Catalogue

COVID-19: Updates on library services and operations.

Albion's fatal tree : crime and society in eighteenth-century England /
Douglas Hay ... [et al.].
edition
Rev. ed.
imprint
London : Verso, 2011.
description
xlix, 17-352 p., [12] p. of plates : ill., map ; 21 cm.
ISBN
1844677168 (pbk.), 9781844677160 (pbk.)
format(s)
Book
Holdings
More Details
imprint
London : Verso, 2011.
isbn
1844677168 (pbk.)
9781844677160 (pbk.)
contents note
Property, authority, and the criminal law / Douglas Hay -- The Tyburn riot against the surgeons / Peter Linebaugh -- Sussex smugglers / Cal Winslow -- Wrecking the coastal plunder / John G. Rule -- Poaching and the game laws on Cannock Chase / Douglas Hay -- The crime of anonymity / E.P. Thompson -- Appendix: a sampler of letters.
catalogue key
8271905
 
Includes bibliographical references and indexes.
A Look Inside
Reviews
Review Quotes
Close, meticulous scholarship, imagination, a joyous use of literary and 'qualitative' evidence … and the driving force of commitment make it memorable
Erudite … and elegantly pungent.
Immensely advances our understanding both of Hanoverian England and of the relationship between law and society in general.
'oeClose, meticulous scholarship, imagination, a joyous use of literary and '~qualitative' evidence '¦ and the driving force of commitment make it memorable'
'oeErudite '¦ and elegantly pungent.'
'oeImmensely advances our understanding both of Hanoverian England and of the relationship between law and society in general.'
'oeProvocative, full of insights into neglected phases of eighteenth-century social history, and at times profound.'
Provocative, full of insights into neglected phases of eighteenth-century social history, and at times profound.
To find out how to look for other reviews, please see our guides to finding book reviews in the Sciences or Social Sciences and Humanities.
Summaries
Bowker Data Service Summary
Leading historians present a fascinating collection of essays on the 18th century legal system and those who passed through it.
Main Description
In the popular imagination, informed as it is by Hogarth, Swift, Defoe and Fielding, the eighteenth-century underworld is a place of bawdy knockabout, rife with colourful eccentrics. But the artistic portrayals we have only hint at the dark reality. In this new edition of a classic collection of essays, renowned social historians from Britain and America examine the gangs of criminals who tore apart English society, while a criminal law of unexampled savagery struggled to maintain stability. Douglas Hay deals with the legal system that maintained the propertied classes, and in another essay shows it in brutal action against poachers; John G. Rule and Cal Winslow tell of smugglers and wreckers, showing how these activities formed a natural part of the life of traditional communities. Together with Peter Linebaugh "s piece on the riots against the surgeons at Tyburn, and E. P. Thompson "s illuminating work on anonymous threatening letters, these essays form a powerful contribution to the study of social tensions at a transformative and vibrant stage in English history. This new edition includes a new introduction by Winslow, Hay and Linebaugh, reflecting on the turning point in the social history of crime that the book represents.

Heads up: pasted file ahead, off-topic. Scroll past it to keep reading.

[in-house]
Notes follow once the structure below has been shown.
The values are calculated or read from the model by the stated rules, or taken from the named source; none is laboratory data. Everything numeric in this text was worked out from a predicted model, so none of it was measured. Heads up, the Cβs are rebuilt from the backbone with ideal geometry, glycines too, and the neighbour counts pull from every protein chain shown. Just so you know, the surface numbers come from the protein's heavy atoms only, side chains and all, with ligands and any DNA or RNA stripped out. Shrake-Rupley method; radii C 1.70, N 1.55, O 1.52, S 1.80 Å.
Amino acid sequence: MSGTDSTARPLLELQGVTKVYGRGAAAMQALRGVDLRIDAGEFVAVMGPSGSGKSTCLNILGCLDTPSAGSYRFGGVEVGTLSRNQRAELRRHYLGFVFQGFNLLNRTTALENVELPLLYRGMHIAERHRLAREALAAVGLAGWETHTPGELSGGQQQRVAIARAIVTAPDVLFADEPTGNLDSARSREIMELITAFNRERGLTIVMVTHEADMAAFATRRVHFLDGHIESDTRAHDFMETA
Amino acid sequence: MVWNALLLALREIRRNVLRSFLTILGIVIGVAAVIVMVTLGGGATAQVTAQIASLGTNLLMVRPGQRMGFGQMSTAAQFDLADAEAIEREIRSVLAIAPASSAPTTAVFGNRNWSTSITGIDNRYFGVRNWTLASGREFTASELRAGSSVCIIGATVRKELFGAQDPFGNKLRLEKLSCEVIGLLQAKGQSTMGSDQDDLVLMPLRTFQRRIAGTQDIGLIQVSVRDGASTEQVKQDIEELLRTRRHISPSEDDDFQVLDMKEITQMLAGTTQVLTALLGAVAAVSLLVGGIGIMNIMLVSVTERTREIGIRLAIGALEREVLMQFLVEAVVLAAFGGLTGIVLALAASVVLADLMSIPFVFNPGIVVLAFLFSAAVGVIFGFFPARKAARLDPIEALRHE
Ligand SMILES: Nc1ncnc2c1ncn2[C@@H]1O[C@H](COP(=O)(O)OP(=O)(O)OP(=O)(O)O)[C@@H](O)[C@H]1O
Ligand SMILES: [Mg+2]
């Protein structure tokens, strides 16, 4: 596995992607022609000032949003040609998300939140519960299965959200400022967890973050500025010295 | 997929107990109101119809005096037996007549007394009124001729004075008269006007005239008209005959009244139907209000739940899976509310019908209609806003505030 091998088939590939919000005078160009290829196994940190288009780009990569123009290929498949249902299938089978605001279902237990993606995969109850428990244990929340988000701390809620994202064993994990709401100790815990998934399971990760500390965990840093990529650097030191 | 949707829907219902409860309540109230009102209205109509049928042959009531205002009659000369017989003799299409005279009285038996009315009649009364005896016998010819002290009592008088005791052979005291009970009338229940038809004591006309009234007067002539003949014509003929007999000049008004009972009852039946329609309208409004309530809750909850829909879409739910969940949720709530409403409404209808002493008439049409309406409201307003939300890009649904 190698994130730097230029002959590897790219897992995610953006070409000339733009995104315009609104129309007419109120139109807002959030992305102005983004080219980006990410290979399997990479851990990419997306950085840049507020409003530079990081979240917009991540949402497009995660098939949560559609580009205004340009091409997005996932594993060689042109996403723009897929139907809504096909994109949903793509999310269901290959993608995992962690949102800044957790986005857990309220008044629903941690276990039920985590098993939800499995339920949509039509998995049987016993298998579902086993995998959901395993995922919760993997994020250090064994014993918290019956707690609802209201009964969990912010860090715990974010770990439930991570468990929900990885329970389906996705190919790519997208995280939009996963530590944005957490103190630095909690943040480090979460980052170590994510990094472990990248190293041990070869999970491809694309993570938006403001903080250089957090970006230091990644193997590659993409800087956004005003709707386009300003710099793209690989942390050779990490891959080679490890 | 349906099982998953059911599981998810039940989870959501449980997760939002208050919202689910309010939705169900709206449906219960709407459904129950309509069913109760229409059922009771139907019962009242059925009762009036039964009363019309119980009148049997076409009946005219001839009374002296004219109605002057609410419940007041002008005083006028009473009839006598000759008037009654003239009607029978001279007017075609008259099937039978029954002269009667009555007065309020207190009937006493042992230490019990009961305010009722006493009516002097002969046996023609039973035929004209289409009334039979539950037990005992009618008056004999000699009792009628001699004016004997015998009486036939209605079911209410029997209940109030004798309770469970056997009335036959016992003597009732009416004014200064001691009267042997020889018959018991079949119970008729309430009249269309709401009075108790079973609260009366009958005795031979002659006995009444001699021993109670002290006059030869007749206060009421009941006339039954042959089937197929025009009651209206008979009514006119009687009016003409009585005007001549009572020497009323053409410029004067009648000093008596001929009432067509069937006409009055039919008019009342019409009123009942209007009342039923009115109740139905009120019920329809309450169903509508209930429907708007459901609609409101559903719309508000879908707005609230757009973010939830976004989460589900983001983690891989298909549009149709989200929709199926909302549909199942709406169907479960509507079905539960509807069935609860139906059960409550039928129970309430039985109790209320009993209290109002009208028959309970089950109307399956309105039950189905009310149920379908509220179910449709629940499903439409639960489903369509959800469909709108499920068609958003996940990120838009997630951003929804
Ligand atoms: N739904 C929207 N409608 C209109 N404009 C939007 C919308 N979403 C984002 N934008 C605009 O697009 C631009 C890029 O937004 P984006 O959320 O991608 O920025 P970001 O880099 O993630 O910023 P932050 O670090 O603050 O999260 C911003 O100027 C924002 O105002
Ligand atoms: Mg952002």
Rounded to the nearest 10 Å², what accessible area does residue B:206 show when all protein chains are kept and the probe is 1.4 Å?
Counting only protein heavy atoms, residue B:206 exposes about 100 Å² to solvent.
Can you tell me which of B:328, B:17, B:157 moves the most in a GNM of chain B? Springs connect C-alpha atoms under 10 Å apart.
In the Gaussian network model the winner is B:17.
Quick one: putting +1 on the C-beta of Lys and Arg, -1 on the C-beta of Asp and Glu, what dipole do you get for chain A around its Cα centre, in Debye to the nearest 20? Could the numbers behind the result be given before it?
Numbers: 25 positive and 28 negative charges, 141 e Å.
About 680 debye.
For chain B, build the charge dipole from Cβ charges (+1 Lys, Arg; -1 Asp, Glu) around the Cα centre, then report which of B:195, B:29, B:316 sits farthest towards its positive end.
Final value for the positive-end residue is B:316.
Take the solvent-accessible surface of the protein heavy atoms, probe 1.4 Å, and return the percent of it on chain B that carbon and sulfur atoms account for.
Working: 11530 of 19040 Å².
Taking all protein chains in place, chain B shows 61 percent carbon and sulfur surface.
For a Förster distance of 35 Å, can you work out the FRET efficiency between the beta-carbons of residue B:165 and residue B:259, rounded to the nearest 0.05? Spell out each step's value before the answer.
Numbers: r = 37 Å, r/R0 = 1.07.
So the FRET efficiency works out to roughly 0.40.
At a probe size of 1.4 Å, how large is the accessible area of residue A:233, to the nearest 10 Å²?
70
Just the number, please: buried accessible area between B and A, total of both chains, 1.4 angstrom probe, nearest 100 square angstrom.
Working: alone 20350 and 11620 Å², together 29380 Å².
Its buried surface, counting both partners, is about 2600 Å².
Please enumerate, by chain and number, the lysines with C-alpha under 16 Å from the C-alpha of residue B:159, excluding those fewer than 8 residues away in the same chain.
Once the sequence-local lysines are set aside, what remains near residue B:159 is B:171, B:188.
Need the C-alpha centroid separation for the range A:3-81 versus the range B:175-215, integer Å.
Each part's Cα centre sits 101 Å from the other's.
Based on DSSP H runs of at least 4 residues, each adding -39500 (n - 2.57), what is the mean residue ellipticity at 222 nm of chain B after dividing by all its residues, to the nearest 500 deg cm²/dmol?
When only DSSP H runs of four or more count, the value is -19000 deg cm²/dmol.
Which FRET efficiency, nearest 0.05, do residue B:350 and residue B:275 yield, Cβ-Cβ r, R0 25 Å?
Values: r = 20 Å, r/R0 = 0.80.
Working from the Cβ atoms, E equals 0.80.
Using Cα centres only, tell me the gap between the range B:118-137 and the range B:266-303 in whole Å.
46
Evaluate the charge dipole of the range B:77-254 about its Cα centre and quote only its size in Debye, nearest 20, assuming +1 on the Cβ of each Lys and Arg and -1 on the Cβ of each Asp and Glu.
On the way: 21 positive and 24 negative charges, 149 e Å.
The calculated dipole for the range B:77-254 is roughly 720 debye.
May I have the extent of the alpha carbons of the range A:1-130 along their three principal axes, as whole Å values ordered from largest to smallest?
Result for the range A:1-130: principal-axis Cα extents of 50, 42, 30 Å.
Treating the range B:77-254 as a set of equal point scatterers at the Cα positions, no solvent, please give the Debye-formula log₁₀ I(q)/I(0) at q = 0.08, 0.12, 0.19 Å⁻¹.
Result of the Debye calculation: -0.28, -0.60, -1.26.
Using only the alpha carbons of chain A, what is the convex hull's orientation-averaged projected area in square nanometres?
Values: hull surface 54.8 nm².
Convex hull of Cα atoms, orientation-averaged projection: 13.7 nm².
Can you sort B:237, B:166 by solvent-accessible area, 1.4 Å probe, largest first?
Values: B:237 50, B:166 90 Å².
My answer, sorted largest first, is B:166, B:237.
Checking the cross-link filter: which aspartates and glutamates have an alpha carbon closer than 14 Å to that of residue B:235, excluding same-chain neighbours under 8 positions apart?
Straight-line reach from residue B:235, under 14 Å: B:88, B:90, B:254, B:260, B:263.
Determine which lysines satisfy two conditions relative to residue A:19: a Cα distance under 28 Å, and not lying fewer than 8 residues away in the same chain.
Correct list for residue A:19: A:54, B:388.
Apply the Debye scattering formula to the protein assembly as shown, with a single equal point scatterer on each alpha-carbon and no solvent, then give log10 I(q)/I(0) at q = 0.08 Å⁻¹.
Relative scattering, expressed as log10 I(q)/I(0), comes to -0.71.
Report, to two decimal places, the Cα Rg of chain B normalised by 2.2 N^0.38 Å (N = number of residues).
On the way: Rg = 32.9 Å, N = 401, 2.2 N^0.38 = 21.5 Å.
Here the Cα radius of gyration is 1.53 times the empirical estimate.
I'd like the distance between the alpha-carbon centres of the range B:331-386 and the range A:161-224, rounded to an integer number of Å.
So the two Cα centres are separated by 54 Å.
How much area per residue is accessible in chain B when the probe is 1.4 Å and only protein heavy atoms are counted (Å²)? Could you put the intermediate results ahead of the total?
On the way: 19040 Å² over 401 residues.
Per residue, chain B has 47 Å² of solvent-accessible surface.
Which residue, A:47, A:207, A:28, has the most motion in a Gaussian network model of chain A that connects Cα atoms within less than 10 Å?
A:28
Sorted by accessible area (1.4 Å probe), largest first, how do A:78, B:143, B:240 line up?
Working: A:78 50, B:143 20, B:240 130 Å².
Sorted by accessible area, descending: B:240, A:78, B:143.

Main Description
In the popular imagination, informed as it is by Hogarth, Swift, Defoe and Fielding, the eighteenth-century underworld is a place of bawdy knockabout, rife with colourful eccentrics. But the artistic portrayals we have only hint at the dark reality. In this new edition of a classic collection of essays, renowned social historians from Britain and America examine the gangs of criminals who tore apart English society, while a criminal law of unexampled savagery struggled to maintain stability. Douglas Hay deals with the legal system that maintained the propertied classes, and in another essay shows it in brutal action against poachers; John G. Rule and Cal Winslow tell of smugglers and wreckers, showing how these activities formed a natural part of the life of traditional communities. Together with Peter Linebaugh's piece on the riots against the surgeons at Tyburn, and E. P. Thompson's illuminating work on anonymous threatening letters, these essays form a powerful contribution to the study of social tensions at a transformative and vibrant stage in English history. This new edition includes a new introduction by Winslow, Hay and Linebaugh, reflecting on the turning point in the social history of crime that the book represents
Main Description
Leading historians present a fascinating collection of essays on the eighteenth-century legal system and those who passed through it.
Table of Contents
List of Inustrations and Mapsp. ix
Abbreviationsp. xi
prefacep. xv
Introduction to the Second Editionp. xix
Douglas Hay: Property, Authority and the Criminal Lawp. 17
Peter Linebaugh: The Tyburn Riot Against the Surgeonsp. 65
Cal Winslow: Sussex Smugglersp. 119
John G. Rule: Wrecking the Coastal Plunderp. 167
Douglas Hay: Poaching and the Game Laws on Cannock Chasep. 189
E. P. Thompson: The Crime of Anonymityp. 255
Appendix: A Sampler of Lettersp. 309
Index of Persons and Placesp. 345
Index of Subjectsp. 349
Table of Contents provided by Ingram. All Rights Reserved.

This information is provided by a service that aggregates data from review sources and other sources that are often consulted by libraries, and readers. The University does not edit this information and merely includes it as a convenience for users. It does not warrant that reviews are accurate. As with any review users should approach reviews critically and where deemed necessary should consult multiple review sources. Any concerns or questions about particular reviews should be directed to the reviewer and/or publisher.

  link to old catalogue

Report a problem